Go natural, and step on it!
Technology meets nature on the floor



Hotel Metro’s design and décor illustrate a commitment to natural materials
and the environment. The Hotel Metro lobby features bamboo flooring
harvested from sustainable forests.

If you ask interior designer Nancy Miller of Form & Function to recommend a floor that’s reasonably priced, extremely durable, stain resistant, aesthetically pleasing and made from a renewable resource, the answer will likely be “bamboo.” Most of the hardwood floors you see in homes today have many similar qualities, however what sets bamboo apart from the rest is the ability of the bamboo plant to regenerate itself in three to five years.

Designer Miller likes it because “it’s aesthetically beautiful and interesting and because it’s environmentally a wonderful product.”

She continued, “technically bamboo is a grass and the more it’s cut, the faster it reproduces itself. It’s relatively new in this country but we’re starting to see some of it in residences now. It hasn’t caught fire yet but it’s picking up steam.”

Miller recently supervised the installation of a bamboo floor in the master bedroom at a residence in Grafton. The bamboo she used is a laminate, a three layer product that has more stability than a single layer. It has a lot of visual texture or in Miller’s words, “a strong striated look with the bamboo nodules easily seen.”

It comes in a basic 3 1/2 inch width and in two, three or six foot lengths depending on the look one wants. Miller added “shorter lengths look busier but add more texture.” Colorwise it’s also the lightest natural floor material available—even maple is a shade darker in tone. For a more formal look, a smoking process at the factory colors the grass all the way through and gives it a rich brown patina. This bamboo has then been “carbonized.” The dense quality of the grass prevents it from taking a stain well however, a natural finish sets off the beauty of the product and makes it an ideal choice for commercial and residential use.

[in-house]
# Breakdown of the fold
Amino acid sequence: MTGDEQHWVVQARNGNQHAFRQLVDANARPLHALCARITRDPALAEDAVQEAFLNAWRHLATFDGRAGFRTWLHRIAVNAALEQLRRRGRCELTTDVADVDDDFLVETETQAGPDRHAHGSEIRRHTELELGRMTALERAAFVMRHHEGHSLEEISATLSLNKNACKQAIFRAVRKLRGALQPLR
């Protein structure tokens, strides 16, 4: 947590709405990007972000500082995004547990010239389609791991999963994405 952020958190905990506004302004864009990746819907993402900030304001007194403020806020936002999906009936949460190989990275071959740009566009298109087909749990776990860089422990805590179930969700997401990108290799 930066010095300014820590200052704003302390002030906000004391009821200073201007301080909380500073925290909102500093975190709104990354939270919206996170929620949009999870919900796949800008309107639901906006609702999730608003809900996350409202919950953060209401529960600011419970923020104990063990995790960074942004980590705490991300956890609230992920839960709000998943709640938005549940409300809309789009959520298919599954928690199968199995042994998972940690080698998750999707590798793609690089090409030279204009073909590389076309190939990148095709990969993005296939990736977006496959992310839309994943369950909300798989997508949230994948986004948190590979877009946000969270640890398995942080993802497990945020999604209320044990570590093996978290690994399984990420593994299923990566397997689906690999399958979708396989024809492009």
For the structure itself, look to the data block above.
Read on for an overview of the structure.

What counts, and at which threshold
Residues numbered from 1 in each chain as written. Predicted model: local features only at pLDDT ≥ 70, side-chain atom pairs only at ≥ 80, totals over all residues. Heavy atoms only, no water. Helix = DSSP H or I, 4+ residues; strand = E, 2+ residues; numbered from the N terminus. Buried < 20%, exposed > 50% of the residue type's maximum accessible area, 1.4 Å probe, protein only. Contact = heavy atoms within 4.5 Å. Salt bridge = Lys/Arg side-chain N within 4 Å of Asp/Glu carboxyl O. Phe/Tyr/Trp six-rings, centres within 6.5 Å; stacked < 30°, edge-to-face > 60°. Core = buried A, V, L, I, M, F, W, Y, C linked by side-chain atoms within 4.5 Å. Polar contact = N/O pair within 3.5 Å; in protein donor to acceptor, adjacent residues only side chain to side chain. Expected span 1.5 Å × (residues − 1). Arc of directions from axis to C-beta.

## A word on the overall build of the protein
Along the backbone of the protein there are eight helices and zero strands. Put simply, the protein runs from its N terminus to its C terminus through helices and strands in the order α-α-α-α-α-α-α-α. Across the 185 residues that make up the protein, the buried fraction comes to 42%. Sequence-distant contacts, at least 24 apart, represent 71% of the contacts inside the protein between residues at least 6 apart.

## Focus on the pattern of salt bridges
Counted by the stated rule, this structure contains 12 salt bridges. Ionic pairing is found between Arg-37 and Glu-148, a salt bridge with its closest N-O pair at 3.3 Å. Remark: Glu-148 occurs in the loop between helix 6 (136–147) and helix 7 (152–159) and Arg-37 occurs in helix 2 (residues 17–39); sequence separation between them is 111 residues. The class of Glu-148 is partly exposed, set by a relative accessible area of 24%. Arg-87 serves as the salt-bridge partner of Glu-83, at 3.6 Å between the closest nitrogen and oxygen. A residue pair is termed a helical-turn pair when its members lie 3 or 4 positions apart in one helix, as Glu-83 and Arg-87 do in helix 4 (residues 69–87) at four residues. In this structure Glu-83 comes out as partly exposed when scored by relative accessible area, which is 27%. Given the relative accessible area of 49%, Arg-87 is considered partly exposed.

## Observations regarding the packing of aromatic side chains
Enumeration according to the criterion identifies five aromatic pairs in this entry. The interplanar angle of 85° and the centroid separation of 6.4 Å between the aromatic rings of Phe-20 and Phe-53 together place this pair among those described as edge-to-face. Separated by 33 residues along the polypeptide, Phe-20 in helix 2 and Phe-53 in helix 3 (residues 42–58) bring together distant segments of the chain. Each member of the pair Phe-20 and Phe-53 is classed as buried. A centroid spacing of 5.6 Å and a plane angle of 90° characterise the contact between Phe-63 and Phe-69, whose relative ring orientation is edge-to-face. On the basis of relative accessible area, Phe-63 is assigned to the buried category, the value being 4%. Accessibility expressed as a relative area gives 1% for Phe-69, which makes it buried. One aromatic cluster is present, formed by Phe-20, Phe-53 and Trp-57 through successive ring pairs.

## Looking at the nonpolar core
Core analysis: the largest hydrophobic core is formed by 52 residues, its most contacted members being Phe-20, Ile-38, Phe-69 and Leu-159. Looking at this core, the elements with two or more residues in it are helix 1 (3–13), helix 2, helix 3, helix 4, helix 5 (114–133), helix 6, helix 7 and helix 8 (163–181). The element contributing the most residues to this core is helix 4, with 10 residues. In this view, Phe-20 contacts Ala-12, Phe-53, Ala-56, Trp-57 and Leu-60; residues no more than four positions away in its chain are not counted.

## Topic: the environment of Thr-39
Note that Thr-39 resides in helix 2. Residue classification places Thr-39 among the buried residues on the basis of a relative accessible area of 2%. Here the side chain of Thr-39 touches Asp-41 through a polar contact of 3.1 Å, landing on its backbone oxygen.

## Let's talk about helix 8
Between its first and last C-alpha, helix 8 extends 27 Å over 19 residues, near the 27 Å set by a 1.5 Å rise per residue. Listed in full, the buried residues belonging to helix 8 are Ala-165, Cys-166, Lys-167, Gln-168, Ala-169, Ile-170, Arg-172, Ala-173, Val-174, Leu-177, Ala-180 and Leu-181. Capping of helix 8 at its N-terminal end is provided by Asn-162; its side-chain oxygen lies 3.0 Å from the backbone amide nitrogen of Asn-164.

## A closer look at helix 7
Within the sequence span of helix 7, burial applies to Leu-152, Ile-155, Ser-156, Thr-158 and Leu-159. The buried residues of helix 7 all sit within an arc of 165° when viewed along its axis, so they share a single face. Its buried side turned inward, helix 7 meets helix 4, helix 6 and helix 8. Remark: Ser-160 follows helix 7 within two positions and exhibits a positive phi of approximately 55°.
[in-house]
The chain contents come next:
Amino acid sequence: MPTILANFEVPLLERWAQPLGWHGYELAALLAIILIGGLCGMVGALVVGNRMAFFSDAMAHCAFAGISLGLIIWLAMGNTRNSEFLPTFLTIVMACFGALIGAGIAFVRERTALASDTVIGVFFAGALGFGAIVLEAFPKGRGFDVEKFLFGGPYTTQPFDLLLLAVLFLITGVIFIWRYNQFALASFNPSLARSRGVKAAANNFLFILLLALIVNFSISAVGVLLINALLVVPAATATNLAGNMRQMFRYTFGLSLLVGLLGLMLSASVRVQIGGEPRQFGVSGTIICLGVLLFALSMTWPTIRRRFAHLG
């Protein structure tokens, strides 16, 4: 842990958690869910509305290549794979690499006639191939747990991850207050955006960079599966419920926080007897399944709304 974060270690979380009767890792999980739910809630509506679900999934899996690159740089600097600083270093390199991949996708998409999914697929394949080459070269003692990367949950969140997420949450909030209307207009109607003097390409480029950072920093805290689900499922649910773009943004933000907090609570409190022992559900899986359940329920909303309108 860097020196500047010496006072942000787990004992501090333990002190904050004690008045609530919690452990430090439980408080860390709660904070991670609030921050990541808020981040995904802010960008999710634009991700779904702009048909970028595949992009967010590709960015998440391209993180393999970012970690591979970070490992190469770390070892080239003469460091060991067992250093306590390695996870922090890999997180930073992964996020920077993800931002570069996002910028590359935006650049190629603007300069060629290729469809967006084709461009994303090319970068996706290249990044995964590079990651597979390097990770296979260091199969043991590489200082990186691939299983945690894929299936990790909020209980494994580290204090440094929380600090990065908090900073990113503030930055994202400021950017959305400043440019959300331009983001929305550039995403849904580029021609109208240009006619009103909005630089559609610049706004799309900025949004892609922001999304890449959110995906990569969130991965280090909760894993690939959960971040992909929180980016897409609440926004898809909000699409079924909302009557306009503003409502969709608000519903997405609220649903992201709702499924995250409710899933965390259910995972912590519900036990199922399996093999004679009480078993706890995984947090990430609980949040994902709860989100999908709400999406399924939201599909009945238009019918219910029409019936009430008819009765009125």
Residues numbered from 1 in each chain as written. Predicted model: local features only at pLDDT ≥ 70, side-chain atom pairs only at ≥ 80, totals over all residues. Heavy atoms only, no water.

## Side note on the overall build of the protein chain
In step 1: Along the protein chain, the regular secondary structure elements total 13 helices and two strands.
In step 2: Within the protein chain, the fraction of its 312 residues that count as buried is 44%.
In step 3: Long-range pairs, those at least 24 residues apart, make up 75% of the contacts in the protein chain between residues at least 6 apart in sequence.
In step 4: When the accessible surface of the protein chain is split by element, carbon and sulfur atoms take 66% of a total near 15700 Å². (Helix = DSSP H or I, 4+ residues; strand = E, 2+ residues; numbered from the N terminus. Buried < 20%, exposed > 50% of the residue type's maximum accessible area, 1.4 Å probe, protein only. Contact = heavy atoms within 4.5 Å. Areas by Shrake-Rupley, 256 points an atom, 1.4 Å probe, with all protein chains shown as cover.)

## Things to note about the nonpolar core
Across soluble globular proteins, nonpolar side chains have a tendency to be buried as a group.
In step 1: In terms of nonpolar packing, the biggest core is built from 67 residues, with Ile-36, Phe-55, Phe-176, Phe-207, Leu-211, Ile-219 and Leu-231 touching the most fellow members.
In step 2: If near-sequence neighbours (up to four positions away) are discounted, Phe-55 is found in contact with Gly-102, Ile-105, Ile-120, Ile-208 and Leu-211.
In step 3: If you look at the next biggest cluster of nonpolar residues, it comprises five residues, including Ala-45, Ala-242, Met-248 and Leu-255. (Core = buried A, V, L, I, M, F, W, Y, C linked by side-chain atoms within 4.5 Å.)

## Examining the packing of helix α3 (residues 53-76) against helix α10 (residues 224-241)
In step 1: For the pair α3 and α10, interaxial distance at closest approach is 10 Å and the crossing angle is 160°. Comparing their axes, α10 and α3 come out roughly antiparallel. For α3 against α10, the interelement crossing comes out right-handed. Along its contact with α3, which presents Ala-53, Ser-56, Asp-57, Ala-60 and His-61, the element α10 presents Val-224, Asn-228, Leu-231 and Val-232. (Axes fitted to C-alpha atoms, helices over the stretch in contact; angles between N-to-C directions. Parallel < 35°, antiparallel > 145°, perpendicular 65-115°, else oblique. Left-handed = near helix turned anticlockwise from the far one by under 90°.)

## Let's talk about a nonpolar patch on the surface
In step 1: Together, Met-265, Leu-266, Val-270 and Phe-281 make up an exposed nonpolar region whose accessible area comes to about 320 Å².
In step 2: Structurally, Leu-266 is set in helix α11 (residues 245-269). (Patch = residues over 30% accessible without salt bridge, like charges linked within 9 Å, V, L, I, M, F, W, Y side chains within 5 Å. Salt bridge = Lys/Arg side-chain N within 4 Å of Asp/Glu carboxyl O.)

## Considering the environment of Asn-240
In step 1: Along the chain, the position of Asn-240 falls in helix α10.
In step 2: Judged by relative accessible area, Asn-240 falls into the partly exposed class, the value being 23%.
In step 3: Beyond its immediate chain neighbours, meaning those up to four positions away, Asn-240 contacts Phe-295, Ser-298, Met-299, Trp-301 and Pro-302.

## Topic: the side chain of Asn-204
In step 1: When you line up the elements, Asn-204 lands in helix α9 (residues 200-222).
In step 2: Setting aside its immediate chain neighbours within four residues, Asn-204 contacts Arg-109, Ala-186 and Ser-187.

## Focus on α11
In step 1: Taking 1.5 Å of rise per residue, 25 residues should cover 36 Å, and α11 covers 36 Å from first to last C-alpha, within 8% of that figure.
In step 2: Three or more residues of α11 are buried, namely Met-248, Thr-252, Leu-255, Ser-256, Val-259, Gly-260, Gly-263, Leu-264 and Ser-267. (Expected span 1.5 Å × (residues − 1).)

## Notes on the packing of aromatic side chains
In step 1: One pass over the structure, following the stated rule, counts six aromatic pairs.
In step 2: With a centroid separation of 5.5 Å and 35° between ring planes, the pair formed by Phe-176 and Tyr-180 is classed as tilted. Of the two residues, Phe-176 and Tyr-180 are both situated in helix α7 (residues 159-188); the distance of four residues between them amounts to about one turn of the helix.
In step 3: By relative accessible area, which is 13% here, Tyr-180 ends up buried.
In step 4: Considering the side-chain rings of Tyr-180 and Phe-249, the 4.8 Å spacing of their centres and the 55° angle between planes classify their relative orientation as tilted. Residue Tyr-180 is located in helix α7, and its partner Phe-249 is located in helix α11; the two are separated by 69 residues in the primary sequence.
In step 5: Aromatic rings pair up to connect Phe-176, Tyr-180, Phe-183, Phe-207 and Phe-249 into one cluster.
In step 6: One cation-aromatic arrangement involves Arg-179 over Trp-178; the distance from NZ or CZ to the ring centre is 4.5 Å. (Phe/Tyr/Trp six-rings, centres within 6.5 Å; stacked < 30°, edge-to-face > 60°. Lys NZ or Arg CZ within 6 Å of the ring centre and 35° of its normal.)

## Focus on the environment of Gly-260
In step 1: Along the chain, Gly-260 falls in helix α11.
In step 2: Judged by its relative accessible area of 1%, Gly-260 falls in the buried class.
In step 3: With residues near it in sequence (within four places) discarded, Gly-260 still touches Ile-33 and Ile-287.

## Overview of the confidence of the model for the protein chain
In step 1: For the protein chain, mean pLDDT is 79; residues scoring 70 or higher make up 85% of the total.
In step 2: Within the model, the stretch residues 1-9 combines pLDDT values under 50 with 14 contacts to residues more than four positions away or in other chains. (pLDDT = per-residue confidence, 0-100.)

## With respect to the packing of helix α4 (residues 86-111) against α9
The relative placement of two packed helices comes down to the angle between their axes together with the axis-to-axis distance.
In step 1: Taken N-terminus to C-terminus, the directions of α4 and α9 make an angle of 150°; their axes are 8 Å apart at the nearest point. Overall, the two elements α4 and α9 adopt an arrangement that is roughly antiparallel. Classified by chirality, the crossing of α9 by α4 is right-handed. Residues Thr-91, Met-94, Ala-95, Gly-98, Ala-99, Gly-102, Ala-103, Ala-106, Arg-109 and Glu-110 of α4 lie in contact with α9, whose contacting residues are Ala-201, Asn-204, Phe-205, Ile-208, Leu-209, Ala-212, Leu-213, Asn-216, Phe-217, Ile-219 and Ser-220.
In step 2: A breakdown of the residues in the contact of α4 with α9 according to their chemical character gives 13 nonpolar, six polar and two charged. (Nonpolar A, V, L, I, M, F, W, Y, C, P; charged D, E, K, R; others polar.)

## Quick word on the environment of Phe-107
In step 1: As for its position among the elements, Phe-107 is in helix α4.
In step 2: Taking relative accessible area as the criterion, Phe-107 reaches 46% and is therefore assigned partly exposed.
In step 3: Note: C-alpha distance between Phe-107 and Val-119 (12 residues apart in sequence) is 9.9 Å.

Take a look in the lobby of Milwaukee’s downtown Hotel Metro to see a good example of bamboo floor. Since the floor in the lobby has been carbonized, the striated markings are clearly visible in the rich wood-like grass floor.

Hotel Metro’s atrium with bistro tables and chairs is French-inspired, incorporating sea grass flooring to accent the wall mural of the Cote d’Azure.

Another floor product made from a grass, albeit not as durable or stain resistant as bamboo is sisal, a fiber extracted from the leaves of the Mexican agave plant. According to Robert Kashou, president of George Kashou Company Inc., sisal became popular in the last decade after Architectural Digest started showing it in homes and commercial offices on the east coast. He said, “it’s hot right now especially with a good looking rug on top of it.”

The agave plants, native to the Yucatan of Mexico, require no fertilizers or pesticides, have a seven-year growth cycle and grow easily and abundantly in southern Mexico. The fibers are white and can be spun into yarns of varying thickness that contain some irregularities due to variations in the plant. Kashou warned, “sisal is not a good choice for an area that receives heavy foot traffic or a place where liquid spills might occur.”

The opposite of sisal when it comes to durability and stain resistance is a hardwood floor that’s been treated with Wear Max, a ceramic finish. A product of space-age technology, this finish was used on the nose of the space shuttle to protect it during re-entry. A Wear Max floor typically has an 1/8 inch layer of hardwood laminated to a 3/8 inch pine layer. Homeowners can choose from a wide variety of hardwoods from traditional oaks and maples to more elegant walnut and cherry. It’s possible to apply the finish in the home, however, it’s much more effective if it’s factory installed.